So what is the solution? Bounce flash. That keeps the flash out of baby's delicate eyes. It is even. It is smooth. And it reliable and you can replicate it time after time. What is being done is simply this: we ar bouncing light off off a very convenient white ceiling. The light is not direct at all. It is soft, smooth, and flattering.

OK, you say, what does it look like. Well take a good look at the attached photo. That is bounce light.

Sarah Joyce
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Old Nov 9, 2009, 8:49 PM   #5
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OK, P and S Person-

What cameras can handle bounce flash? Well, (1) any camera if it has a hot shoe and you have a external flash. (2) any point and shoot camera if you are willing to equip it with a Slave Flash like the Metz-28 or the DigiSlave-3000.

You see it can be done, but there is some expense involved. But, gosh do those photos look good. Here is a photo I took today using an old Canon G-6 camera that I purchased in late 2003. It has a hot shoe. So I pulled it out, charged the battery and went to work. What do you think?

Sarah Joyce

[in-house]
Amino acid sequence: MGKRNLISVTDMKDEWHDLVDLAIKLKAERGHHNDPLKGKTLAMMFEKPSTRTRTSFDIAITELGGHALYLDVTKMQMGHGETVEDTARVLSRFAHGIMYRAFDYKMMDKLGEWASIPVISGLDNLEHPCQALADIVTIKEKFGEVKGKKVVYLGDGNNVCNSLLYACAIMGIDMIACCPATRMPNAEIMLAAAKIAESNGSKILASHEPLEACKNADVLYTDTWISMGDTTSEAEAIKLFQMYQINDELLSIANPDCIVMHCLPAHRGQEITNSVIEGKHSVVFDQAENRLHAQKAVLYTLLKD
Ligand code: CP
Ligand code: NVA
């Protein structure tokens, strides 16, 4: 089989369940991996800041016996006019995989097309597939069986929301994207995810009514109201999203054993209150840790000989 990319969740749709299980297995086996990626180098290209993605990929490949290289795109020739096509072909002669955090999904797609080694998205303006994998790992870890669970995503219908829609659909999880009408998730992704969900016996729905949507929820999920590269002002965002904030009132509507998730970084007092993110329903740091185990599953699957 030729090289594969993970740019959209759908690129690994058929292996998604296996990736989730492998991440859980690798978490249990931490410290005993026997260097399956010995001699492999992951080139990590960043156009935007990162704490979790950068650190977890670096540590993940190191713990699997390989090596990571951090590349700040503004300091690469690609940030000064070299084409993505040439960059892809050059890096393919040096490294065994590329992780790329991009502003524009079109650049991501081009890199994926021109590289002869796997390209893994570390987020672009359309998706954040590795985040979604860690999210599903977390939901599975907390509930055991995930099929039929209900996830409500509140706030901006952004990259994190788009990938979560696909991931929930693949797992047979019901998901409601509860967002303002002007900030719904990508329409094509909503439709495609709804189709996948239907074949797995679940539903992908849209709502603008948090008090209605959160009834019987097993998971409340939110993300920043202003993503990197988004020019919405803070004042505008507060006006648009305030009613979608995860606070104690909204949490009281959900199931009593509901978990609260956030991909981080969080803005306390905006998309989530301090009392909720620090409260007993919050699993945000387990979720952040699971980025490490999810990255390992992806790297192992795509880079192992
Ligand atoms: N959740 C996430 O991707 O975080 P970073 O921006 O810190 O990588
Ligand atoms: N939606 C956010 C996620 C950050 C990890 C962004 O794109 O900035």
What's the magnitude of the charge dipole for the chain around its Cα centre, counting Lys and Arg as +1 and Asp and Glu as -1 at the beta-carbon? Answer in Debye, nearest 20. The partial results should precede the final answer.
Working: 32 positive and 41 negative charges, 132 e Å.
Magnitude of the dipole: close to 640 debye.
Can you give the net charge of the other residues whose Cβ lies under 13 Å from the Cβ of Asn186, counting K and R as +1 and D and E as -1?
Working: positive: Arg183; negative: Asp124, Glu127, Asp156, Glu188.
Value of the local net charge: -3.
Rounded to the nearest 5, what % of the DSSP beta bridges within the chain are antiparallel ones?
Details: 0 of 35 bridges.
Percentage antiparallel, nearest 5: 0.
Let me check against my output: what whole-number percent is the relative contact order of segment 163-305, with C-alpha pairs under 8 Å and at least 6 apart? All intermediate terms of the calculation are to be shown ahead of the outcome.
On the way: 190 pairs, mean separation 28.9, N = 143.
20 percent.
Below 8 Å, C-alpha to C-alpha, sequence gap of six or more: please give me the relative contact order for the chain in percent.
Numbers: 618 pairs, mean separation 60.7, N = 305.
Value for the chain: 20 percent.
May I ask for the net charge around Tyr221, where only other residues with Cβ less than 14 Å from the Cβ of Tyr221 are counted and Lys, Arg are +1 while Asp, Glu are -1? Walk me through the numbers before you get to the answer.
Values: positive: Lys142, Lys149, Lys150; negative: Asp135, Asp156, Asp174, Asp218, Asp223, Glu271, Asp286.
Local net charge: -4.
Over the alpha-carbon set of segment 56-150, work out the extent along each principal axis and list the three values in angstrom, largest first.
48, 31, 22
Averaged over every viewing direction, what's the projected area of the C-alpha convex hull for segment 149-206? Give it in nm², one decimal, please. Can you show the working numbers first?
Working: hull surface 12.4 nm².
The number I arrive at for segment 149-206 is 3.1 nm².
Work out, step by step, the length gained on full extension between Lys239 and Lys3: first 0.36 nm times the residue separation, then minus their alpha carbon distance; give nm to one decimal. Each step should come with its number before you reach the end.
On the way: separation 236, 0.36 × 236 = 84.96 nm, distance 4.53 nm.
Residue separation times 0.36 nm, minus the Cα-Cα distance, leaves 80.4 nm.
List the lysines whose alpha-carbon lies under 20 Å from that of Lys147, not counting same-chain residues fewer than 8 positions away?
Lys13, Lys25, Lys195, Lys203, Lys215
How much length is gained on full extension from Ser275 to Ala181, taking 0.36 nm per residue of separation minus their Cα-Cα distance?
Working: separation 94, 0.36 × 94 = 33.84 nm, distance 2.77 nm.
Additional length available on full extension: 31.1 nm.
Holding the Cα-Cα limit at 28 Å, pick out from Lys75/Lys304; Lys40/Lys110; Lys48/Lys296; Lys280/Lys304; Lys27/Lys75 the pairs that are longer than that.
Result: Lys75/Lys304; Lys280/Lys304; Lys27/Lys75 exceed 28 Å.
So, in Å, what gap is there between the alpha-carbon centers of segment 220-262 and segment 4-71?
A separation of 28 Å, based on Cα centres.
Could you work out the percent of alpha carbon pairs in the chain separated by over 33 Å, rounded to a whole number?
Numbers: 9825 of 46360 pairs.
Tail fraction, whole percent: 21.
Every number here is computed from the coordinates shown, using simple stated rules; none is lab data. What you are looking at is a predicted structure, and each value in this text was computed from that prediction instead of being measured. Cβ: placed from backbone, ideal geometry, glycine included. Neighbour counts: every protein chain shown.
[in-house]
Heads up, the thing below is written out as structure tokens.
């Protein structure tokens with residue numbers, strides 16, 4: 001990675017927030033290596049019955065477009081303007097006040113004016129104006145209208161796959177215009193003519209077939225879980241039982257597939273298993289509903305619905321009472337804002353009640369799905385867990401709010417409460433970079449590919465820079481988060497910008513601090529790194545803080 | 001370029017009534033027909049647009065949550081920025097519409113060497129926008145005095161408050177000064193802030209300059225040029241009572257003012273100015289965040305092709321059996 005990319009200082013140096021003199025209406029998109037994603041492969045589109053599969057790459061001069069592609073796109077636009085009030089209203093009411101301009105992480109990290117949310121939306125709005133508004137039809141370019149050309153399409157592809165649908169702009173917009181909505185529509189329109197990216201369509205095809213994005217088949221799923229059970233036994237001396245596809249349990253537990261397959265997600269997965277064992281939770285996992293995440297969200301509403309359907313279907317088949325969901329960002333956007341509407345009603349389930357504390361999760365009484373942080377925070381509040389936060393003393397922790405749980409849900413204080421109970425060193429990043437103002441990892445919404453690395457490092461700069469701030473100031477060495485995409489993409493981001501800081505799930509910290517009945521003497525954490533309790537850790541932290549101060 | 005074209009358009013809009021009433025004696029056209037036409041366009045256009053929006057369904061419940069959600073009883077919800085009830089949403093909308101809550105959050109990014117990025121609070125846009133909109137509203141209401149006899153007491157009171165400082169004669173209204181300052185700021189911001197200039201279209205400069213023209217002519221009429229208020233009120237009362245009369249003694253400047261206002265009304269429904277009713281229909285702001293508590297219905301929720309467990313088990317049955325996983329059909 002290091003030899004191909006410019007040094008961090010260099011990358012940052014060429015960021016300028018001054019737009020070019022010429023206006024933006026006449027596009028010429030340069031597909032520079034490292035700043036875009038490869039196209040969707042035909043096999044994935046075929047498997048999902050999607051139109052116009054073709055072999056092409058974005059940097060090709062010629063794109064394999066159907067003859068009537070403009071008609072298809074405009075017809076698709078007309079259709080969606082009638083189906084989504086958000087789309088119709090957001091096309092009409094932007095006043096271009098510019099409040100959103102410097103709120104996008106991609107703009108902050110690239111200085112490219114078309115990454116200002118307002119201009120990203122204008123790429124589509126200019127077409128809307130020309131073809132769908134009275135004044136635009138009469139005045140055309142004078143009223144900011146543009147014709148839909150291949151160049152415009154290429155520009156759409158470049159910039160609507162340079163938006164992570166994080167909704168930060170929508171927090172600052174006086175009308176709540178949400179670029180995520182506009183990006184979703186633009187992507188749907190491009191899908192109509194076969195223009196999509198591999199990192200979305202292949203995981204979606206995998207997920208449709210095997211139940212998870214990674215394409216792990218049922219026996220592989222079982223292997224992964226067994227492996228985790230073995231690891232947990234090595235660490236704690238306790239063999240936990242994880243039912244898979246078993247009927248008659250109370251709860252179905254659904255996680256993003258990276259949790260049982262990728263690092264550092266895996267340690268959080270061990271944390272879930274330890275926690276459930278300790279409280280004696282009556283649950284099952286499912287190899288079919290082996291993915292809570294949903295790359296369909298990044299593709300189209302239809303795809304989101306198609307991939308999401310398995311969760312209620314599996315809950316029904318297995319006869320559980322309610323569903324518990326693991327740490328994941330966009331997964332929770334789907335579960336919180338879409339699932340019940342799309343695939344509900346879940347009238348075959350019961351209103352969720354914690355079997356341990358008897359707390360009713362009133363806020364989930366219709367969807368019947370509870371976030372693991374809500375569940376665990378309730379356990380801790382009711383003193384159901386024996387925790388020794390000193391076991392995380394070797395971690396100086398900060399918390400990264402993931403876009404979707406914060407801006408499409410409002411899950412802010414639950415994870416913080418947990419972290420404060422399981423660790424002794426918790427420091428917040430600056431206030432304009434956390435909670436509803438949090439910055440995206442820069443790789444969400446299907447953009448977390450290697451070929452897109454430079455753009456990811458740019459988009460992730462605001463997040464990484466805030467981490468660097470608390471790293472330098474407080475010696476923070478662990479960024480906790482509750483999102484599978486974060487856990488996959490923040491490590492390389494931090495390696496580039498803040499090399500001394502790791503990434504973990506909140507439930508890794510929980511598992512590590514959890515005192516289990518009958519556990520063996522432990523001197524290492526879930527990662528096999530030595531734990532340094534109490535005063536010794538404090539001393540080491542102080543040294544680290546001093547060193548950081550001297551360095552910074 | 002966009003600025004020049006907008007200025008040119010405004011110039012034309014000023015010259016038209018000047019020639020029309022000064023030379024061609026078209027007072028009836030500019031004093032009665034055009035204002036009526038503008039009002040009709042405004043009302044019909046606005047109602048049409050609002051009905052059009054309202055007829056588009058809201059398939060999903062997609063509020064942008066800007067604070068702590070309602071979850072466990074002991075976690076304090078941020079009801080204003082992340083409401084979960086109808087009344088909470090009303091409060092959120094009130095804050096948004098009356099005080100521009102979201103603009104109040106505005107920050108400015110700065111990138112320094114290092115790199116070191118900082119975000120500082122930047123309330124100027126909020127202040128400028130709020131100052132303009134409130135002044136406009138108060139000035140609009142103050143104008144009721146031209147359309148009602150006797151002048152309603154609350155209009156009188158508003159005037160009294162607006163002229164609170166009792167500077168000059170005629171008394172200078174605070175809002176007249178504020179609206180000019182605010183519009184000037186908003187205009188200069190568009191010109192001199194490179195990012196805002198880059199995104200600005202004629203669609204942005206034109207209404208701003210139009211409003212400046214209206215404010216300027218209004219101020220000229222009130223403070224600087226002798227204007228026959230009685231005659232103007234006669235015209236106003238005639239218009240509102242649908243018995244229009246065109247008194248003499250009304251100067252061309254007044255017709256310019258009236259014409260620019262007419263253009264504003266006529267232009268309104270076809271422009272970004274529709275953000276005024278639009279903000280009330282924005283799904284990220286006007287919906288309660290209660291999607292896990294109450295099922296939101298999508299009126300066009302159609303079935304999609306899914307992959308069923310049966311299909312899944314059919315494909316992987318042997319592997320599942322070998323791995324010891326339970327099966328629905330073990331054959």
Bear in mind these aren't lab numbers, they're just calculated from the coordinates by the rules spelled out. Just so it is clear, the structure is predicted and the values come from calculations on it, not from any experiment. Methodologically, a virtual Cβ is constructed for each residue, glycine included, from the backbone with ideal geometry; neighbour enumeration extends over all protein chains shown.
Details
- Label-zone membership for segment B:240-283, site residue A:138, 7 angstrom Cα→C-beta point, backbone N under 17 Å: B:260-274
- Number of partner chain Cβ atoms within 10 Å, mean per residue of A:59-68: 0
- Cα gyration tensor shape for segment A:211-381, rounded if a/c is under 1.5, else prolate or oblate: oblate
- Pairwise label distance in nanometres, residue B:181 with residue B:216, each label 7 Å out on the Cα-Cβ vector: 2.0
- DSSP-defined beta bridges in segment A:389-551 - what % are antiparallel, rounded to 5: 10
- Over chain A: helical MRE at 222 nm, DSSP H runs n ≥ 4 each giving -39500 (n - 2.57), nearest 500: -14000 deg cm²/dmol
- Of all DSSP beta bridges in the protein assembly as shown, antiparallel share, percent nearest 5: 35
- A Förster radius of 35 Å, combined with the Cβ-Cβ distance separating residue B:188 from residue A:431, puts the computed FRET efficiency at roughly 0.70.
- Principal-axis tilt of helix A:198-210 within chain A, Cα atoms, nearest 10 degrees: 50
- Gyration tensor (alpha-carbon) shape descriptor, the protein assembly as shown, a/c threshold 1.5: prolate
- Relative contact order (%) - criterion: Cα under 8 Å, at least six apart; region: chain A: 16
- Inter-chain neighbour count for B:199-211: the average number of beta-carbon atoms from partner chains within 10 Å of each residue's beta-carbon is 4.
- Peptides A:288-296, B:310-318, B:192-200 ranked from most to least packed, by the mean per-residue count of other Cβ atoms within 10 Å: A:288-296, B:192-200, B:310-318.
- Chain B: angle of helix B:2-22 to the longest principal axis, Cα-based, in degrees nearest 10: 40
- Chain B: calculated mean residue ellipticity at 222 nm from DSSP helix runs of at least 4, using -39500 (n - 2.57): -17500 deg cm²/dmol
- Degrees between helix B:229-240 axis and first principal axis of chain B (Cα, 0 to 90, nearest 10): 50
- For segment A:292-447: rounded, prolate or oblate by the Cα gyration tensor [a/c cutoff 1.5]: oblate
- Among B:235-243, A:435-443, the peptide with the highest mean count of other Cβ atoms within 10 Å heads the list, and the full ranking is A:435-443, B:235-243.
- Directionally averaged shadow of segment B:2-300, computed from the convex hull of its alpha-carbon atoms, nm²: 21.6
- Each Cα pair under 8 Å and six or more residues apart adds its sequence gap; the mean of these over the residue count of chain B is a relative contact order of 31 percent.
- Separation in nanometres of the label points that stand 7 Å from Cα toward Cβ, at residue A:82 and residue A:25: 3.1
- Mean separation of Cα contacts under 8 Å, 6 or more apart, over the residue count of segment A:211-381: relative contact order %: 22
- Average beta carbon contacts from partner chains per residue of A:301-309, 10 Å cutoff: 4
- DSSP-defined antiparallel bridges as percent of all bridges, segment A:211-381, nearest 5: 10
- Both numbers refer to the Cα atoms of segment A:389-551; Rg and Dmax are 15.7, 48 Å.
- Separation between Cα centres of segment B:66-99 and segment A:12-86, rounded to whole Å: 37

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Old Nov 9, 2009, 8:59 PM   #6
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I would take a strong look at the Canon G11. It does about as well in low-light or high-iso situations as any p&s. and even better it is fully compatible and holds up well to the Canon series of flashguns.

the 270 ex is pretty small and inexpensive and at least allows bounce flash in landscape orientation. you could go up to the 430 ex ii for full swivel and bounce capabilities, or even pick up a used 430 ex (non-ii).

the metz 36 is only 100$ and offers bounce capabilities and decent output.
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Old Nov 9, 2009, 9:02 PM   #7
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Dustin-
Thanks for the excellent advice. However, I have found that the Metz 36 is a pretty weak flash. It can bounce, but just barely. It was so weak I returned my copy.

All the best.

Sarah Joyce